Also: Here's a list of beginner painting tips that I ran into recently. These are all of the same tips that I share with people. I would also add great lighting. I just broke down and finally got one of those swing-arm magnifying florescent lights and it makes me feel like I've been painting in the dark up until now. Jimmi recommends a wet palette and I couldn't agree more, now that I finally have one of those. Thinning your paints and building up paint in layers makes a huge difference in achieving great results. A wet palette helps keep the paints properly thin for you. Here's the wet palette that I got, based on a friend's recommendation. I love it.

Ginger Page cleans up your mobile typing

Just because English has become the common global tongue doesn’t mean it’s the easiest language to write—even for native speakers. If you're looking to improve your written communication skills, especially on your smartphone, take a look at Ginger Page.

Ginger is a cross-platform app that offers corrections for phrasing as well as grammar. It's powered by crowdsourced data and provides editing suggestions with its contextually-aware natural language processing engine. It performs multilingual translation and includes powerful tools for paraphrasing and proofreading so you don't send any typo-ridden emails to your boss.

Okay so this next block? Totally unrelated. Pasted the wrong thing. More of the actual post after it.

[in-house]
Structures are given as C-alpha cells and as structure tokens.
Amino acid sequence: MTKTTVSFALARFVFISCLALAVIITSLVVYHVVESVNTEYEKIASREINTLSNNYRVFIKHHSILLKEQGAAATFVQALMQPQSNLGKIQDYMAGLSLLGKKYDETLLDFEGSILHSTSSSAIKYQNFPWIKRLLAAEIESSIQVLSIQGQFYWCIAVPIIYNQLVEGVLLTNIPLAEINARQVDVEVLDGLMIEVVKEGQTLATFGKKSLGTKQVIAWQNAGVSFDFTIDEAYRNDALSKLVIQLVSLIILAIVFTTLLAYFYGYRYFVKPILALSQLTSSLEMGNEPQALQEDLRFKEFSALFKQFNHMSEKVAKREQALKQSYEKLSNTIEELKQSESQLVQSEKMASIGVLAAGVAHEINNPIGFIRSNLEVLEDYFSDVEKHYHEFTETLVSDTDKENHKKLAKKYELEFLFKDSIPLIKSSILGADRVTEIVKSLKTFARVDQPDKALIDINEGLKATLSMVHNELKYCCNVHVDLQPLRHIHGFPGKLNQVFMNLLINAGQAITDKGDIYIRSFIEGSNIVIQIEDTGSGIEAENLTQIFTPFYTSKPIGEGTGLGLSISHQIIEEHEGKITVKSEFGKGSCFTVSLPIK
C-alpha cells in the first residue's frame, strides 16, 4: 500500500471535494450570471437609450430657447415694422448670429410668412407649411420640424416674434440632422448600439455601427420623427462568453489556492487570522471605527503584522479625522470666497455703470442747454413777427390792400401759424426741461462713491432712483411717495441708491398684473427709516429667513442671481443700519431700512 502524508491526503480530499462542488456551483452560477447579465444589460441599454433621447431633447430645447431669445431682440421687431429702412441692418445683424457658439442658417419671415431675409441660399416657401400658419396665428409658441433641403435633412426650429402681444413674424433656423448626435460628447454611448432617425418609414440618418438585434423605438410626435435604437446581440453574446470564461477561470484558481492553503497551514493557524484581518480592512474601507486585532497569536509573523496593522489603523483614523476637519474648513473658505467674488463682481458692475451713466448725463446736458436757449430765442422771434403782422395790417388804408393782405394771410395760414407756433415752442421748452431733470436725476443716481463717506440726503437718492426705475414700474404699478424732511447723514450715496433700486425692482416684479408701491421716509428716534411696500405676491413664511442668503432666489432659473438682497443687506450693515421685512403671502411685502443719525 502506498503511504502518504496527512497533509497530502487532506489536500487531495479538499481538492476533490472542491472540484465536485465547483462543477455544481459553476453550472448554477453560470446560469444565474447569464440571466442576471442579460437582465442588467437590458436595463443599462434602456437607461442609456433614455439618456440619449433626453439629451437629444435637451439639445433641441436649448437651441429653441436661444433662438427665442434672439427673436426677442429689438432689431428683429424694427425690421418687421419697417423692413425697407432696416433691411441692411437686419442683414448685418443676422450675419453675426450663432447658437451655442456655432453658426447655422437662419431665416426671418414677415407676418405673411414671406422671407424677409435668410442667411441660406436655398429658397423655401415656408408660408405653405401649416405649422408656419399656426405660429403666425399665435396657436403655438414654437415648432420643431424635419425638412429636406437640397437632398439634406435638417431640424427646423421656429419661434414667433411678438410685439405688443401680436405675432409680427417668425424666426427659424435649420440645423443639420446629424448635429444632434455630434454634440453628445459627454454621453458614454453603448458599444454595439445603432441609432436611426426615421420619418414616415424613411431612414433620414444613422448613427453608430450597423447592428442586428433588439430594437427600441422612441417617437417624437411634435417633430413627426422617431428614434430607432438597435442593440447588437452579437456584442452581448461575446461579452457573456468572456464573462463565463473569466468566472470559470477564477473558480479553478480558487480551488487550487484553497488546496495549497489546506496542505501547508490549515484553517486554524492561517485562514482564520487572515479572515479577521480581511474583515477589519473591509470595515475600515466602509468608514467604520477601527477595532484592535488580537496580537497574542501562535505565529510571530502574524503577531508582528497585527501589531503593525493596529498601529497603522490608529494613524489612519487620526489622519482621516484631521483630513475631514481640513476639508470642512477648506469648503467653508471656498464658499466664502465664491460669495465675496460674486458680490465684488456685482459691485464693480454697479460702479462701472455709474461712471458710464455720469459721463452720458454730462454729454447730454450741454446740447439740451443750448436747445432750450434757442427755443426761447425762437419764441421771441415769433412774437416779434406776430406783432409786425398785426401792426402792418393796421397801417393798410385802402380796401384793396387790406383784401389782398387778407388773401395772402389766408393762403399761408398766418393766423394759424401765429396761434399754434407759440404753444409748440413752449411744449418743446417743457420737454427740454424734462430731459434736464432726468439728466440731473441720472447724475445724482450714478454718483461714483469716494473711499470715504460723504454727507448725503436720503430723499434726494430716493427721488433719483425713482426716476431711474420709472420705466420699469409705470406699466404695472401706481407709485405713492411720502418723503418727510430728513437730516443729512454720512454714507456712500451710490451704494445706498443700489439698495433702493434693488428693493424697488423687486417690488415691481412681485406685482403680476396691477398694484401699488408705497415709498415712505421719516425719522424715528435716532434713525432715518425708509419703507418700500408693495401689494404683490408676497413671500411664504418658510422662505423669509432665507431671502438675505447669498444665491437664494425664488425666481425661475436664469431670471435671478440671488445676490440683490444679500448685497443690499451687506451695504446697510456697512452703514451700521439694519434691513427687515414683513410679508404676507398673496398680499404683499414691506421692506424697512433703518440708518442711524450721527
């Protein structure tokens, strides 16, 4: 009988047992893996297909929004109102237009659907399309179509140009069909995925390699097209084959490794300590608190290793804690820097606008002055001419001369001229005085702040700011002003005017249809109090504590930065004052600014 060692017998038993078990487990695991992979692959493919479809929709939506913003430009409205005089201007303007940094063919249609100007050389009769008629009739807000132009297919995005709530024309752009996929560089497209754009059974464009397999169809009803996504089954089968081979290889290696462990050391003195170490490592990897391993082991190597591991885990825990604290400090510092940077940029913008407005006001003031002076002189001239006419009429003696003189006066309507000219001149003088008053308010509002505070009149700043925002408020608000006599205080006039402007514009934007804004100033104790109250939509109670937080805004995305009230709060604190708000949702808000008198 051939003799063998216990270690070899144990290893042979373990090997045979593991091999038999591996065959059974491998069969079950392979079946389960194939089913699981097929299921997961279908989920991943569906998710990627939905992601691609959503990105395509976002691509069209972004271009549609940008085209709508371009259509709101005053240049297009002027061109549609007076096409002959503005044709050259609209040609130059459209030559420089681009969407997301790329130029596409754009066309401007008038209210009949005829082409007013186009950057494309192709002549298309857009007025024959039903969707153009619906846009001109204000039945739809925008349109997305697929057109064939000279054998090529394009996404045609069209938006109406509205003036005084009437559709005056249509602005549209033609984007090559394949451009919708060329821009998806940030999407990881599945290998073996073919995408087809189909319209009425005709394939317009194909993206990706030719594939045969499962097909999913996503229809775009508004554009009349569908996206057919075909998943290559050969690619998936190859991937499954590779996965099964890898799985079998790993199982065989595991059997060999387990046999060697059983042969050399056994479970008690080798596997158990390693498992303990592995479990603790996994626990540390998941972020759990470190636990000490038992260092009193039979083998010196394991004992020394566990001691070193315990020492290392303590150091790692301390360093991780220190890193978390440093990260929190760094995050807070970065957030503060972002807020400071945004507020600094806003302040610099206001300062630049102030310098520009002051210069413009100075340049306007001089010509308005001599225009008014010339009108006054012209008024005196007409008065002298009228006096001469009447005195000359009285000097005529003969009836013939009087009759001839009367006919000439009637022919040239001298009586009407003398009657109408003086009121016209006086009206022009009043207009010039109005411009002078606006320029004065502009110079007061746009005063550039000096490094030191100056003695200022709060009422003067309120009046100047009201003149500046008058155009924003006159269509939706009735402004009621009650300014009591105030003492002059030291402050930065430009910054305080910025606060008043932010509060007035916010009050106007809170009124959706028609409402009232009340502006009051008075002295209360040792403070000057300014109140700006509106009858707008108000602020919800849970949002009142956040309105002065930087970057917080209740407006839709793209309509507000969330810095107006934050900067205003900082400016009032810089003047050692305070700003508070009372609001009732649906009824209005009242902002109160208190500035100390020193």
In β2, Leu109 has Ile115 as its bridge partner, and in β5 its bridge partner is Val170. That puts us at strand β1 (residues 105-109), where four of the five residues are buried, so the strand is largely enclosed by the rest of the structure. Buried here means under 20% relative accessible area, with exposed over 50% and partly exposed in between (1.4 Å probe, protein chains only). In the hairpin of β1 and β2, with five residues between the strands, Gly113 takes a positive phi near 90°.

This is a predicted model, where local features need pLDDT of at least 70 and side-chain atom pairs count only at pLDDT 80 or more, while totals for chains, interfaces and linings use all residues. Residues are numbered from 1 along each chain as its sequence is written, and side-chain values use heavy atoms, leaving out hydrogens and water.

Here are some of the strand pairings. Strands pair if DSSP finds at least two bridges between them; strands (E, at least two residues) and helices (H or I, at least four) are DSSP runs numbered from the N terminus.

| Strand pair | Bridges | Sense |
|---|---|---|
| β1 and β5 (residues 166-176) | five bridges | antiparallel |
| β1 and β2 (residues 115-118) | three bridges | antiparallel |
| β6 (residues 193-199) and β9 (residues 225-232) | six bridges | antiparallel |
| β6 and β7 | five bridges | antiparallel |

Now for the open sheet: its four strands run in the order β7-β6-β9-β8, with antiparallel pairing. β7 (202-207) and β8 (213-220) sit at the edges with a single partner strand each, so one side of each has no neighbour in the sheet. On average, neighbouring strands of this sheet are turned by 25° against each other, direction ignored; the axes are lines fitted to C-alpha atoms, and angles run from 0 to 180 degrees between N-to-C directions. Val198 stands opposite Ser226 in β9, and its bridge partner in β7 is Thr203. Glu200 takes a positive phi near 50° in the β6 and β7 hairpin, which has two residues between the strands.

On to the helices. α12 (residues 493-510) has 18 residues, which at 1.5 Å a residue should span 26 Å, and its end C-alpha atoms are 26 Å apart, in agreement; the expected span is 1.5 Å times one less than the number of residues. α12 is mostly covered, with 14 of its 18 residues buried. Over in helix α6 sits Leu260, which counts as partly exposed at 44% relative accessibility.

Ginger Page is available on all major desktop and mobile platforms, and can be purchased in the Boing Boing Store for $69.99.

Politicon 2017 is July 29-30, and Boing Boing (me, Xeni Jardin) will be in the mix

Politicon is a non-partisan “Unconventional Political Convention” that brings Republicans, Democrats, and people of all political stripes together to get worked up over politics. It's a lot of fun, and it goes down in Pasadena, CA on Saturday, July 29th and Sunday, July 30 at the Convention Center. I will be there, hosting and speaking on panels that include the likes of noted Delta airlines seat-swapper Ann Coulter and longtime Donald Trump ally Roger Stone.

Buy tickets here. (more…)

Old NASA computers and space probe data tapes found in dead engineer's basement

A scrap dealer cleaning out a deceased engineer's basement in Pittsburg, Pennsylvania found two massive 1960s computers, magnetic tape data storage systems, and hundreds of tape reels, all of which was marked as the property of NASA. The scrap dealer called NASA to report what he found and the agency's Office of the Inspector General investigated. It turns out that the fellow was an IBM engineer who worked for NASA in the early 1970s and was given permission to save the stuff as it was being discarded. One space agency's trash is another maker's treasure... From Ars Technica:

"Please tell NASA these items were not stolen," the engineer's heir told the scrap dealer, according to the (Office of Insepctor General's) report. "They belonged to IBM Allegheny Center Pittsburgh, PA 15212. During the 1968-1972 timeframe, IBM was getting rid of the items so [redacted engineer] asked if he could have them and was told he could have them...."

NASA investigators picked up the 325 magnetic data tape reels on December 8, 2015. The cassettes measured 14 inches in diameter and were filled with half-inch magnetic tape. The tapes "were in poor condition and almost all were affected by moderate to severe mould."